“Creepin’ Up On You” (Edwards, Parfitt) – “Creepin” is a firm favourite amongst fans – I’ve heard quotes saying that it’s one of tracks that sits best along the band’s output at their peak in the 1970s. The song is a slower shuffle over a bluesy key. The lyrics state how the singer is creeping on the girl who is bound to be his love. For me, this song is a grower, initially I wasn’t keen on the opening riff or the bluesy key, but, as time has gone on, the track has grown on me and I’d now give it 3/5.
“Heavy Traffic” (Edwards, Rossi, Young) -The title track of the album and my personal favourite here also. This song is another boogie-shuffle at a more moderate pace. The lyrics are on fairly central ground, they’re not as a light as “All Stand Up” and not as heavy as others, such as “Creepin Up On You”. This mid-set pace, middle lyrics and an incredibly catchy chorus makes this song my favourite – it’s just a shame that it hasn’t made the live set since 2003!
“Solid Gold” (Rossi, Young) – A ‘Quo-by-numbers’ track that features Bown prominently on harmonica. The track is solid enough (pardon the pun) but nothing special. The lyrics are the singer almost pleading the potential partner to go with them ‘on a wing and a prayer’. I’m not that keen on this track overall as it has a slightly darker feel but I can see it being a favourite among many of the ‘hardcore’.
“Green” (Bown) – An interesting number penned by Andy Bown, the multi-talented member of Status Quo. The song is led by Bown’s Hammond Organ and by acoustic guitars – a marked difference from the usual Quo sound. It reminds me both of “Gerundula” and of Bown’s solo album released nine years later. The lyrics have an environmental concern and speaks of how humankind is turning where we live into ‘a hole in the ground’. This song is definitely a grower and the more I hear it, the more I like it!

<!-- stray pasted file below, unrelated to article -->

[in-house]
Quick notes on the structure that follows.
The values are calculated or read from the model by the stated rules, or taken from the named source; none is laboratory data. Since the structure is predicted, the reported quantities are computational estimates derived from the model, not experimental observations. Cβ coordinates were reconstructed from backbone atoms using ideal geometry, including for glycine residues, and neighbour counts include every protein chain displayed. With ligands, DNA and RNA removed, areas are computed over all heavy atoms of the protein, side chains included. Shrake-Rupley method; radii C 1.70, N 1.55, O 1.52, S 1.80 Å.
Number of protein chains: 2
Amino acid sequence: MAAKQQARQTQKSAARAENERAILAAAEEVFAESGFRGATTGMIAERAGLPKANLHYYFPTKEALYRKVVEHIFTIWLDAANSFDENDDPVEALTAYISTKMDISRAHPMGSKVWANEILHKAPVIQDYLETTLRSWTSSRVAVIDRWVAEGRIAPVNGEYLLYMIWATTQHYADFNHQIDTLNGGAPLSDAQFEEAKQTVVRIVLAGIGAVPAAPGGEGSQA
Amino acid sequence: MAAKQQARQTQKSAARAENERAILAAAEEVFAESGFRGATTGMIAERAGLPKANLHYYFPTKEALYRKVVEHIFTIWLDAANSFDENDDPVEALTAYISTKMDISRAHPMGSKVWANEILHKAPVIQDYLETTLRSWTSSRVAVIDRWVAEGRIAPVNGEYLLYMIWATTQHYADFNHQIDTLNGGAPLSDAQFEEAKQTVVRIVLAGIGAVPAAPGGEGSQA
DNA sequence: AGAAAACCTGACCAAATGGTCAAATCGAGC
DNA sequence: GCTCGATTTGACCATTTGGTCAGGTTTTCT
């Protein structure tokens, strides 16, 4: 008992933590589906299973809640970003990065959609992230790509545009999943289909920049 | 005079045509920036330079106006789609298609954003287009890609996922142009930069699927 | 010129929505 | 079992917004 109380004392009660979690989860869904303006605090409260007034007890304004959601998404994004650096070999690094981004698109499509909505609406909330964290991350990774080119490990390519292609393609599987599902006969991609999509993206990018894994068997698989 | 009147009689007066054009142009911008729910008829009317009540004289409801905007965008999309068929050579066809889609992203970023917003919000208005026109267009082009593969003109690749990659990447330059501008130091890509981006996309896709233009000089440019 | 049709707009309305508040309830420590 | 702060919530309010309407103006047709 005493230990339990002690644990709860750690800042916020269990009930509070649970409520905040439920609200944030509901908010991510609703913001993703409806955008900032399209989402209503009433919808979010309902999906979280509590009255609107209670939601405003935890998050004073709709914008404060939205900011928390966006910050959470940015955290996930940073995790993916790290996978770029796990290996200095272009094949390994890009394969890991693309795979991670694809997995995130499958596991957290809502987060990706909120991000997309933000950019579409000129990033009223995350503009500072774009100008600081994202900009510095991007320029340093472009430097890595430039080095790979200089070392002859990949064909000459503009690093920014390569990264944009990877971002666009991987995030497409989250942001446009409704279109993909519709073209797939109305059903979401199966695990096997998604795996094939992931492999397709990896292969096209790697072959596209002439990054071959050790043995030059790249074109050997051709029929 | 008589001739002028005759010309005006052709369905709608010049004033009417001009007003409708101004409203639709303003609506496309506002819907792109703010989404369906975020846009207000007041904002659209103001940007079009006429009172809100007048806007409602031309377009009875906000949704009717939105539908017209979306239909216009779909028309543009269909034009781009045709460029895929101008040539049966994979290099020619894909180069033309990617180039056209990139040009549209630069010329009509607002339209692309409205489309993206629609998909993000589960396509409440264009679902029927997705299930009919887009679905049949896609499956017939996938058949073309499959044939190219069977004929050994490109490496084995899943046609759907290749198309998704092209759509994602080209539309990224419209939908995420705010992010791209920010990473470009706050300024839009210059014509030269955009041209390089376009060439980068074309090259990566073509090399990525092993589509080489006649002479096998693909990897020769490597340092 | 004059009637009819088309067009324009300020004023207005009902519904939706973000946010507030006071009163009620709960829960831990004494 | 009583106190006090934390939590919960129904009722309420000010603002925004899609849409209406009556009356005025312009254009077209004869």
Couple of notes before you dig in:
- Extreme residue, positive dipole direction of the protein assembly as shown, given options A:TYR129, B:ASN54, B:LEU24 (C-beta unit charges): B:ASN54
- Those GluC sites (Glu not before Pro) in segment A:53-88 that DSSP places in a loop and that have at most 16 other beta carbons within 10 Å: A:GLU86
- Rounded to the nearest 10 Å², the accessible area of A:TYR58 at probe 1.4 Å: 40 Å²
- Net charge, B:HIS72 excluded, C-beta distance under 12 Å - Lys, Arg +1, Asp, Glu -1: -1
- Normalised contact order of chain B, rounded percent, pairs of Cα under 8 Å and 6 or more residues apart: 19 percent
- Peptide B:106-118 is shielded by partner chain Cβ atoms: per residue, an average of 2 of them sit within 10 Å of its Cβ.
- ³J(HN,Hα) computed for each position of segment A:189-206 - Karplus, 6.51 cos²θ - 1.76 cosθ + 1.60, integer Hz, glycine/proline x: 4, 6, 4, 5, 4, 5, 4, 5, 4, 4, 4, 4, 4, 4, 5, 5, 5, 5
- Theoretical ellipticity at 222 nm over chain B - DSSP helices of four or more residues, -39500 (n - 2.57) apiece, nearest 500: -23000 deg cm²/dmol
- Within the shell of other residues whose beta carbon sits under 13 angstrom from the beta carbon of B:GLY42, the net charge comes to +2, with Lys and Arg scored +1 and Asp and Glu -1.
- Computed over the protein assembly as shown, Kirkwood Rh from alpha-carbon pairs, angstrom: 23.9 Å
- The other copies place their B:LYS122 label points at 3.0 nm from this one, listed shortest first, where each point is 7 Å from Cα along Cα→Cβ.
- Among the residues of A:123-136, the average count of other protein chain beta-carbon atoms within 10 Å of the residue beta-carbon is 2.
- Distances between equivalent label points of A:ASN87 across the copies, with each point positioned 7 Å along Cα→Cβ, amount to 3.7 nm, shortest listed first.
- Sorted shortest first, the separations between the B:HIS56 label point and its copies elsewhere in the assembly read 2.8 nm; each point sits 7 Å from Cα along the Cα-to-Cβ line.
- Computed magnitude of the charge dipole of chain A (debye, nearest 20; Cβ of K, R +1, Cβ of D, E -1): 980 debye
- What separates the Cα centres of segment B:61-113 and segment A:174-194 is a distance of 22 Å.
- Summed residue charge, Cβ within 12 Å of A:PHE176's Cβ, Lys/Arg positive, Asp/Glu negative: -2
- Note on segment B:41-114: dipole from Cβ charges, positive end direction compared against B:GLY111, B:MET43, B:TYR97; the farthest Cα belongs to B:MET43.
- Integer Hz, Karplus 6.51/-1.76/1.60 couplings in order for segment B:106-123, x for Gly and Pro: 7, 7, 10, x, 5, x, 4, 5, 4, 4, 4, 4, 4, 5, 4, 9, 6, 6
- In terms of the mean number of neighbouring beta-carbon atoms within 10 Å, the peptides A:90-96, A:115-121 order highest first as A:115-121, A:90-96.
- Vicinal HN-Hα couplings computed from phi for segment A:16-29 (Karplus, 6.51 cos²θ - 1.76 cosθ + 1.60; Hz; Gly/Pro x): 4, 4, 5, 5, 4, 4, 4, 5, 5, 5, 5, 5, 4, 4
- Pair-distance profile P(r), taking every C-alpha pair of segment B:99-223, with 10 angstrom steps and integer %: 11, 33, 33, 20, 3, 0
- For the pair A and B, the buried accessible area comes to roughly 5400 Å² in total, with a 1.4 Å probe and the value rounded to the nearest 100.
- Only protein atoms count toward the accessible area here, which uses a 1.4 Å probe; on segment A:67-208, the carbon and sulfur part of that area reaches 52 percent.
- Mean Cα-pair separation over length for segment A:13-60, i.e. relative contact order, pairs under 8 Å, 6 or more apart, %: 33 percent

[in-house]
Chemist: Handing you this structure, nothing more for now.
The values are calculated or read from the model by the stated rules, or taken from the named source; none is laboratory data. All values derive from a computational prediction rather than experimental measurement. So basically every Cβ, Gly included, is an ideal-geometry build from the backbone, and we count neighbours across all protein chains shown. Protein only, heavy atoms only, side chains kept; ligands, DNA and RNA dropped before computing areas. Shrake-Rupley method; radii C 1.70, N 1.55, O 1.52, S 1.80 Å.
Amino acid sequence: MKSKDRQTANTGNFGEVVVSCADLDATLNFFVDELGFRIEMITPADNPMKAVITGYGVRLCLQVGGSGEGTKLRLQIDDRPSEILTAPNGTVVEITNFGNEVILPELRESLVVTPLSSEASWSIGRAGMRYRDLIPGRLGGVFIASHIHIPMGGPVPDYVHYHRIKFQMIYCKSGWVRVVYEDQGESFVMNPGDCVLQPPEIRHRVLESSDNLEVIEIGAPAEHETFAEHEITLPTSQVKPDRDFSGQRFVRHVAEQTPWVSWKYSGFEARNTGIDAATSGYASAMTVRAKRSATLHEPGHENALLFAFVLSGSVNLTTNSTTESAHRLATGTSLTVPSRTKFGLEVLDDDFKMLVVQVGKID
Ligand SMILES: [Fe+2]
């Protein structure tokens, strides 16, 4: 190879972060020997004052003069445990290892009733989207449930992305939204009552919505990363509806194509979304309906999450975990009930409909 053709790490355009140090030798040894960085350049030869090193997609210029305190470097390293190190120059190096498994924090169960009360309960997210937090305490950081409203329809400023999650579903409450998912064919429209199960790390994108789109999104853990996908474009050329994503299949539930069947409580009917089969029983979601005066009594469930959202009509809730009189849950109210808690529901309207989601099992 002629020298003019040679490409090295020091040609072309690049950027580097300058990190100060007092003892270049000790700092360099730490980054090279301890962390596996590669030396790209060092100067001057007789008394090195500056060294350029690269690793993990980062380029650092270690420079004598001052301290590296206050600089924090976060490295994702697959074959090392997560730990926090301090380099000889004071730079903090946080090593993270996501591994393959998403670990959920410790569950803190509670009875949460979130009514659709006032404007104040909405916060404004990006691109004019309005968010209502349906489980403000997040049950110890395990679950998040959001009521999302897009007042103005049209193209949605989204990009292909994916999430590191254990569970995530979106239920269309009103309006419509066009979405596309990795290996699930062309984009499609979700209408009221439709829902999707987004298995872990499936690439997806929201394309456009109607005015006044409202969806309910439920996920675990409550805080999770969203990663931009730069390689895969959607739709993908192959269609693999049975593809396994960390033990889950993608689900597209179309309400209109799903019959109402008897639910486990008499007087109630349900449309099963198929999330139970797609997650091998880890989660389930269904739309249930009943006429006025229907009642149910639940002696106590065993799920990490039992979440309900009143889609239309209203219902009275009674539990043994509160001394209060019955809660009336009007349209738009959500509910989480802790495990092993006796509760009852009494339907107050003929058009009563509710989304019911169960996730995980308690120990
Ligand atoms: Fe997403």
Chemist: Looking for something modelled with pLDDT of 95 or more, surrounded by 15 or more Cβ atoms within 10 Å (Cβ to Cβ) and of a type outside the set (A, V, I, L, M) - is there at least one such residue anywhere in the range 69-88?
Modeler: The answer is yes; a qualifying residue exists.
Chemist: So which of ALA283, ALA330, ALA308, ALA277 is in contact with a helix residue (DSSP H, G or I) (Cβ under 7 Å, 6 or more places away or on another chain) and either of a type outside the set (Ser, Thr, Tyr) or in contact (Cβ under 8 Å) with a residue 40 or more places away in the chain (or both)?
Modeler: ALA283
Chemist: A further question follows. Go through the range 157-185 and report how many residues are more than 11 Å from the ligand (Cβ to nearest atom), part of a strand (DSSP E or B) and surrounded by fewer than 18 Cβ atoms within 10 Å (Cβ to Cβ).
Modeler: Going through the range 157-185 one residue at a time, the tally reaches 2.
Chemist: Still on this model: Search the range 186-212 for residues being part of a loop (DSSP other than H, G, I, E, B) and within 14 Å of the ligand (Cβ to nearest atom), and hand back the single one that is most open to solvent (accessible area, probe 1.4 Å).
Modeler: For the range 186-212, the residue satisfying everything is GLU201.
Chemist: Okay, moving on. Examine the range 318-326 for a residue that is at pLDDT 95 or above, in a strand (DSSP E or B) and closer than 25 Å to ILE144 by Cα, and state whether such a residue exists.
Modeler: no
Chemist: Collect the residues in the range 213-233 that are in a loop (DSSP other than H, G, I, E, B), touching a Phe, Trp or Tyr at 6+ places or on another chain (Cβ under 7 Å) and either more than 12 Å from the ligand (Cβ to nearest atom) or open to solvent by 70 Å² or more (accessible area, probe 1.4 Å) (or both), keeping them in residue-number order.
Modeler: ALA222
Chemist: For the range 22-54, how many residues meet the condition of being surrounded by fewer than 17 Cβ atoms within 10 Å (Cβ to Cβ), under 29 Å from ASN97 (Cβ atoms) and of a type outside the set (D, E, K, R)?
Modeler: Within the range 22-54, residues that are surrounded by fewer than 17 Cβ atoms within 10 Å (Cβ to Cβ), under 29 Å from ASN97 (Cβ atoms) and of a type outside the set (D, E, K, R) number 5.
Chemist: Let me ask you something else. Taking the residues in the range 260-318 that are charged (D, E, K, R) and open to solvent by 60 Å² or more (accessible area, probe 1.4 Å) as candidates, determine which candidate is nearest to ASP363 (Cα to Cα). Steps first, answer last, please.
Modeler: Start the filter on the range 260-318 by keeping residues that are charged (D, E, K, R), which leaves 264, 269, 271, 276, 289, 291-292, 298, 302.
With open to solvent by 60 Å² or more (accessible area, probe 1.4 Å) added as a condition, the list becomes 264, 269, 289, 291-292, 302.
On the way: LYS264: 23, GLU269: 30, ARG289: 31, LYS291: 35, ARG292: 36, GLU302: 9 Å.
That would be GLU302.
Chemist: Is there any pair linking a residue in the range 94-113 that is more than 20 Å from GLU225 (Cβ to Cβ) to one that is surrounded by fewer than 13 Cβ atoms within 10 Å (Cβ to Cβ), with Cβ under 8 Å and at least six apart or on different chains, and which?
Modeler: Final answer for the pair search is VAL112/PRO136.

“Jam Side Down” (Britten, Dore) – This cut was the publicised single for the album and featured a promotional video filmed aboard HMS Ark Royal. The track itself is at the lighter end of the album – a poppier sounding cut picked as a single to try and please as many potential fans across different genres as possible I guess. I don’t mind this song, I wouldn’t call it a classic Quo track by any stretch but it has a catchy guitar riff and a generally upbeat feel which I like. The lyrics are nothing to write home about though and sound very contrived in places – ‘My bread keeps landing jam side down, say you’ll be there to spread love around’. This is in no small part due to the fact that boogie-rock is not the natural field for Britten and Dore who are more recognised as writing for artists such as Tina Turner and Cliff Richard.